On its face, Donald Trump’s proposal to eviscerate the position of the “national drug czar” is about the only reasonable proposal to come from an administration that is almost gleefully erratic, confused and outright fiendish.

A relic of the Ronald Reagan “Just Say No” era of drug-war hysteria (and sealed with a kiss of approval from Sen. Joe Biden, one of the architects of today’s mass incarceration crisis), the Office of National Drug Control Policy (ONDCP) is best known for spending your precious tax dollars on alarmist public service announcements—unsubtle propaganda of the kind that made creating a prison state a popular thing—and “official reports” that selectively use dubious data to support spurious conclusions contradicted elsewhere.

ONDCP is also required, by act of Congress to oppose any and all efforts to legalize marijuana or reschedule any other drug; it’s an inflexible anachronism and does more harm than good.

For these reasons, the proposed 95 percent funding cut to ONDCP—first reported Friday by POLITICO thanks to a leaked budget memo—sounds like a sensible move (and it’s a Trump campaign promise besides!).

But since the cut must still be approved by Congress, it is no sure thing.

In the meantime, in typical peripatetic Trump fashion, ONDCP is soliciting members of Congress for input on crafting Trump’s National Drug Control Strategy, the nation’s official drug policy.

Whether or not the office will survive to create such a strategy is unclear, but a group of six senators, all Democrats, are saying that cutting ONDCP might not be such a smart idea after all. It could mean the end of treatment programs—and since there are real fears that Team Trump wants to ramp the drug war back up anyway, drug czar or no drug czar, it may be irrelevant.

“We appreciate any sincere efforts to combat substance use disorders,” wrote U.S. Sens. Elizabeth Warren (D-Massachusetts), Tammy Baldwin (D-Wisconsin), Patty Murray (D-Washington), Sheldon Whitehouse (D-Rhode Island), Michael Bennet (D-Colorado) and Christopher Murphy (D-Connecticut) in a May 8 letter to Richard Baum, acting director of the ONDCP.

But, “[w]e are concerned about the sincerity of this Administration’s efforts in general,” wrote the senators, all but one of whom (Baldwin) are in states with progressive policies on cannabis. “We are concerned that this Administration may revert to a policy that focuses on the criminal justice system over public health efforts.”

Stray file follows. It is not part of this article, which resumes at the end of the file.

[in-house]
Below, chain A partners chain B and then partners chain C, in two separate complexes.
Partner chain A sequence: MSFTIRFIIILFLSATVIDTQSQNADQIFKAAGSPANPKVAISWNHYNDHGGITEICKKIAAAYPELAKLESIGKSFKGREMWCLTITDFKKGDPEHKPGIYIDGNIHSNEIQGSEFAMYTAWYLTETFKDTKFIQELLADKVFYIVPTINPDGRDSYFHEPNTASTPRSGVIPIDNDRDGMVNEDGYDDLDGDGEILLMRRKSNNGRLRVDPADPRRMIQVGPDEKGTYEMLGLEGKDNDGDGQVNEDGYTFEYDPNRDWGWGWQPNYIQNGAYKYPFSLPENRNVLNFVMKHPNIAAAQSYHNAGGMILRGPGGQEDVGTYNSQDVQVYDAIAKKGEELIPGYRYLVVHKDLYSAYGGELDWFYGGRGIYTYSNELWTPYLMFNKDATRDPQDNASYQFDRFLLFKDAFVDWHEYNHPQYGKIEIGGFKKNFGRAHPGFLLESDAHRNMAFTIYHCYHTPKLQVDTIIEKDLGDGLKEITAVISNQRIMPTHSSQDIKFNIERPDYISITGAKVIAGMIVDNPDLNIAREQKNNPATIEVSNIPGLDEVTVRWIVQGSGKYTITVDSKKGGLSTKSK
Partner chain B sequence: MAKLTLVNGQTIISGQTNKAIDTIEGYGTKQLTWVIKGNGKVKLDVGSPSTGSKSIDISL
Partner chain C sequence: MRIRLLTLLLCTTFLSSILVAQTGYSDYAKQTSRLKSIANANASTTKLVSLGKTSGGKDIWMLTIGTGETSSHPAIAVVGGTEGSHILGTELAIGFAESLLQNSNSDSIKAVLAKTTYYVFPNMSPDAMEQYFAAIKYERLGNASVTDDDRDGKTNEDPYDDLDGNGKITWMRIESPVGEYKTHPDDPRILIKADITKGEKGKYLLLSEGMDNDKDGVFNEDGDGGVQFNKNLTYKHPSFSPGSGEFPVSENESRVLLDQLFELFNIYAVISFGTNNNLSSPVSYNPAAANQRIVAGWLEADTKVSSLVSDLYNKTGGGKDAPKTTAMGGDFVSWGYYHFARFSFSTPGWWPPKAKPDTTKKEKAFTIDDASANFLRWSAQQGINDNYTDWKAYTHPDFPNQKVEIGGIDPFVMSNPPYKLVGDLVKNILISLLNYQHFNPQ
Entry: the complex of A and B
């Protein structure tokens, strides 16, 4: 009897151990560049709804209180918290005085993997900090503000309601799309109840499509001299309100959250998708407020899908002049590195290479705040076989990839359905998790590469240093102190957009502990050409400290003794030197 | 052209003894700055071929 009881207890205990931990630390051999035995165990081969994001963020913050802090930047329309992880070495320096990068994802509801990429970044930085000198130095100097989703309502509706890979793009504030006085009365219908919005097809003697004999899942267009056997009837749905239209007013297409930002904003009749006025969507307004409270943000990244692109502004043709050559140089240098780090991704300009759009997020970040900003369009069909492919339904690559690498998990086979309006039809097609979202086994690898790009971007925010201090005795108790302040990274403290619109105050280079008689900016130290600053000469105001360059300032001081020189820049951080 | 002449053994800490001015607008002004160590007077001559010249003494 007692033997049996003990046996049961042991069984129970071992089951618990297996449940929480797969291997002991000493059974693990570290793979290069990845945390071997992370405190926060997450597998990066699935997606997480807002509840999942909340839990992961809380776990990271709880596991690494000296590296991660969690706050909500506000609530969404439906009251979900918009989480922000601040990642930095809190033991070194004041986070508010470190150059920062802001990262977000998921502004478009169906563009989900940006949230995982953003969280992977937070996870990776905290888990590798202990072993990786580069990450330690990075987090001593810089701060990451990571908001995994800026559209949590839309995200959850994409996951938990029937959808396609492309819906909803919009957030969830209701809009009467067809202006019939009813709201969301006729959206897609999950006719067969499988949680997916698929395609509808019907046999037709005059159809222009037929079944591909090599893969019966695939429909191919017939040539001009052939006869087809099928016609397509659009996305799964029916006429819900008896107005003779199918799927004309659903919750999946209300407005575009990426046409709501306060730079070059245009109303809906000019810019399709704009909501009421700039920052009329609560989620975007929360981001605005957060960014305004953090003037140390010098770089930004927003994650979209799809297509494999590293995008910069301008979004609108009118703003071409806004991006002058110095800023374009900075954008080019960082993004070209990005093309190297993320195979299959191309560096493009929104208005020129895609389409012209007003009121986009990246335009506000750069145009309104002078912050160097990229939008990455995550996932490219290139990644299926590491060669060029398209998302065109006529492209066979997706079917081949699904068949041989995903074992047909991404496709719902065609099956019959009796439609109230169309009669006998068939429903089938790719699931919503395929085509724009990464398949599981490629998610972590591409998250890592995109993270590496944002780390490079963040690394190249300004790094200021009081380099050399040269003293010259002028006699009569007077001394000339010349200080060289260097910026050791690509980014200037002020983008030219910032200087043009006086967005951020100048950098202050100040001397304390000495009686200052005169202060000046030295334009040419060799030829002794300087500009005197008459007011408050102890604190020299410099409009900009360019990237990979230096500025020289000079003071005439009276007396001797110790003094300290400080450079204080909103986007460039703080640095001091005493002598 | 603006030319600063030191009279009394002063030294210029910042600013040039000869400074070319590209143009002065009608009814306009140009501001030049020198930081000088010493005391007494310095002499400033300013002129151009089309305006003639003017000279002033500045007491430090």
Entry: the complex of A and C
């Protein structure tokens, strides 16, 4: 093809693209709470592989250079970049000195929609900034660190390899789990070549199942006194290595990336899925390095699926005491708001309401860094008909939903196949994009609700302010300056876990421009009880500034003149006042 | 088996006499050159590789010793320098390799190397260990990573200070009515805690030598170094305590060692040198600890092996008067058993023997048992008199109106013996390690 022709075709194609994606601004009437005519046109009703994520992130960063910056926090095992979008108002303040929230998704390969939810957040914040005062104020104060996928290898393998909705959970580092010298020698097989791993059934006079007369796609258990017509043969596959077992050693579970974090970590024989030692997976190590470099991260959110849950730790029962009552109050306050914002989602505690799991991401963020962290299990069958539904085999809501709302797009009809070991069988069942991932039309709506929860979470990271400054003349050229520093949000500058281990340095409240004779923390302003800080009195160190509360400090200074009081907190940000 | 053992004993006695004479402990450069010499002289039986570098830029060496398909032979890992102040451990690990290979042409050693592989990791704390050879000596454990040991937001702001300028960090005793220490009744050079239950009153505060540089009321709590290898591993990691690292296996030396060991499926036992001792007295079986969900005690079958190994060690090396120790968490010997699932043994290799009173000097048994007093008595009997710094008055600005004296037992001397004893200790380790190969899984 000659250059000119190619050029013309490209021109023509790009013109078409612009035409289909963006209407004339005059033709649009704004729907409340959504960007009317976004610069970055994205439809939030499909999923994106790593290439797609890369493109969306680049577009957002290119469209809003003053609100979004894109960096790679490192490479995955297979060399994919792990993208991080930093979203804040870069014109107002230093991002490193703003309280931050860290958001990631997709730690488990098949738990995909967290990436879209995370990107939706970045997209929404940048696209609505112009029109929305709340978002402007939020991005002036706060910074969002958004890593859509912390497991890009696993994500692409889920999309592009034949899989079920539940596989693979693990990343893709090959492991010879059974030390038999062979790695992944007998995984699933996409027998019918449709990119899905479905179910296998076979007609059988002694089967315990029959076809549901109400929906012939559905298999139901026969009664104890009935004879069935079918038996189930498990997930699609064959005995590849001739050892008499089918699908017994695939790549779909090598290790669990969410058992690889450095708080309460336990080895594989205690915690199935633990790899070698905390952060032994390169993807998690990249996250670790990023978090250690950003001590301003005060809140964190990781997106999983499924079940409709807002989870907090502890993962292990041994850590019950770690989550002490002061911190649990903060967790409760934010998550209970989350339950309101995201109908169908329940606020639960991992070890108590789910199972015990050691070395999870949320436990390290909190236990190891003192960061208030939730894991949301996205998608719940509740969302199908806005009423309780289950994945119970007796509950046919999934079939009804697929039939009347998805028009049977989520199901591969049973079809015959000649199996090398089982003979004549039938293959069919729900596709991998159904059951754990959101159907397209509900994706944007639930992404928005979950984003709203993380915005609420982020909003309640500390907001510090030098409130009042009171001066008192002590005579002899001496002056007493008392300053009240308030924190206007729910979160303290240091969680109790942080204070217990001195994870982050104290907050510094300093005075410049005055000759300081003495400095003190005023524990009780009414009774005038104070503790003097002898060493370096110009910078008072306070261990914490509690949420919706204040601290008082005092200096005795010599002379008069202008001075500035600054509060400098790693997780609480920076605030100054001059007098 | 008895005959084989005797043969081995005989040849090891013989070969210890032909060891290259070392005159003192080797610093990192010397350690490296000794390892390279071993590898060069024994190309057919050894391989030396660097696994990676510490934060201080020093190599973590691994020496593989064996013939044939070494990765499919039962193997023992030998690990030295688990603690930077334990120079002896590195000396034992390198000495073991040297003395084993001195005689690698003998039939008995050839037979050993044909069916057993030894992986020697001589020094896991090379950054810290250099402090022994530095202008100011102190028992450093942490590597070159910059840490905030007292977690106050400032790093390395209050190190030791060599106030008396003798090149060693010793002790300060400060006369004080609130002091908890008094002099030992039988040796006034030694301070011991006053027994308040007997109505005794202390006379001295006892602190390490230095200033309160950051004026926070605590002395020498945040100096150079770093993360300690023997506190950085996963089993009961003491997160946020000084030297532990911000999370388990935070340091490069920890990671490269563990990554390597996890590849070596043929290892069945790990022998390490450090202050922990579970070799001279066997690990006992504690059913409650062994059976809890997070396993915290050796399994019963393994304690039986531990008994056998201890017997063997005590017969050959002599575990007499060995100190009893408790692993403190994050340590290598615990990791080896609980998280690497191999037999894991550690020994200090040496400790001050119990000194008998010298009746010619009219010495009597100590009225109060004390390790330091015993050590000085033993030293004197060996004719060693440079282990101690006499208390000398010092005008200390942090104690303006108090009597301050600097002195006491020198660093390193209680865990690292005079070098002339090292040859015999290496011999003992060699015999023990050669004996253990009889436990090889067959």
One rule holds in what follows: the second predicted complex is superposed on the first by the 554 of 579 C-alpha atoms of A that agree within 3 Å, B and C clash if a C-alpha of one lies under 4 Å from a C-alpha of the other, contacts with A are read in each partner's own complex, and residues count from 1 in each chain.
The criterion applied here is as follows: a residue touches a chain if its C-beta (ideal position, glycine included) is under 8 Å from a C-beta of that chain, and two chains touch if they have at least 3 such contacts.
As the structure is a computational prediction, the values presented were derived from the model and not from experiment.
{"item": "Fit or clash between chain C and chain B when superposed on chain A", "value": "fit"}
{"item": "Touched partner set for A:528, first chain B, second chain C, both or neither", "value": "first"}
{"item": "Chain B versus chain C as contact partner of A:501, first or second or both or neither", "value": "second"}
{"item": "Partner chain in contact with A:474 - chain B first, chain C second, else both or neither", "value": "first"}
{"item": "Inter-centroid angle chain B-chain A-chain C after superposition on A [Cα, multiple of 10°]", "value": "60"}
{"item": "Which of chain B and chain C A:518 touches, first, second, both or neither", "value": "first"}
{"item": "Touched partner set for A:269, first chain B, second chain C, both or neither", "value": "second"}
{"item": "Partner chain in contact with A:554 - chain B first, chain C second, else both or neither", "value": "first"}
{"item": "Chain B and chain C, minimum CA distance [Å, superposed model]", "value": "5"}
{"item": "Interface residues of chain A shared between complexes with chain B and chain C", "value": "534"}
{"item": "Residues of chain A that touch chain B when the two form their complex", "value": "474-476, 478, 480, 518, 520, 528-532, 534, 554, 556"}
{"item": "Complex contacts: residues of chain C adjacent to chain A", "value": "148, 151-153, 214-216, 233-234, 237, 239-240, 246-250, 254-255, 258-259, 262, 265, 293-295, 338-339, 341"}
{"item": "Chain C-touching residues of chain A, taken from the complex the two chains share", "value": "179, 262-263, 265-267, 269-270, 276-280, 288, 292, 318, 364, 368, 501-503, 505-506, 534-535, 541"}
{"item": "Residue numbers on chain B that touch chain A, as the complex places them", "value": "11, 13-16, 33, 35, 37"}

Keep in mind that under Barack Obama, a public-health official was in charge of ONDCP. Prior to Michael Botticelli, all ONDCP directors were cops, military men or career Beltway bureaucrats.

And so far, all the people Trump has selected to oversee government agencies or efforts elsewhere in Washington where drug policy is involved—think Jeff Sessions, think Chris Christie—are retrograde hardliners with attitudes and worldviews lifted straight from a D.A.R.E. lesson plan.

No ONDCP would mean putting the Justice Department (or Chris Christie) wholly in charge of plotting a fix to the opiate crisis.

No ONDCP would mean anti-marijuana hardliners crafting drug policy.

It would also mean deep cuts to the $250 million in annual block grants from the Substance Abuse and Mental Health Services Administration (SAMSHA). As a review of recent grants shows, most SAMSHA grants fund mental-health services.

If the Trump-approved gutting of the Affordable Care Act also goes through, 24 million people will lose health insurance—and access to mental-health treatment along with everything else. One of the predictors of a substance-abuse problem is poor mental-health care.

If ONDCP is cut *and* Trump’s healthcare decimation goes through—and Jeff Sessions’s own drug-control strategies mirror his stated desire for a punitive, prosecution-first approach—America’s drug problem will surely get worse.

For these reasons, the senators “are very concerned that this Administration will exacerbate the opiate epidemic rather than alleviating it,” they wrote.

At the same time, Trump could keep ONDCP, put a drug warrior in charge and still make things worse.

He could listen to someone like West Virginia Sen. Joe Manchin—the man whose response to drug companies flooding his state with 780 million prescription pain pills, absolutely a reason why West Virginia has the highest rate of drug overdose deaths in the nation, was to call for a “War on Drugs”—and expand ONDCP’s Reagan-era law-enforcement-first efforts.

At the least, it would be nice to have a cohesive drug-control strategy at all. That’s simple enough. Basic, even—and with drug overdose deaths the leading cause of accidental death in the country, it’s absolutely vital. Can Team Trump handle that much?

As the senators lay out, there’s ample reason to worry that it cannot.

RELATED: Will Cannabis Help End the Opioid-Abuse Epidemic?
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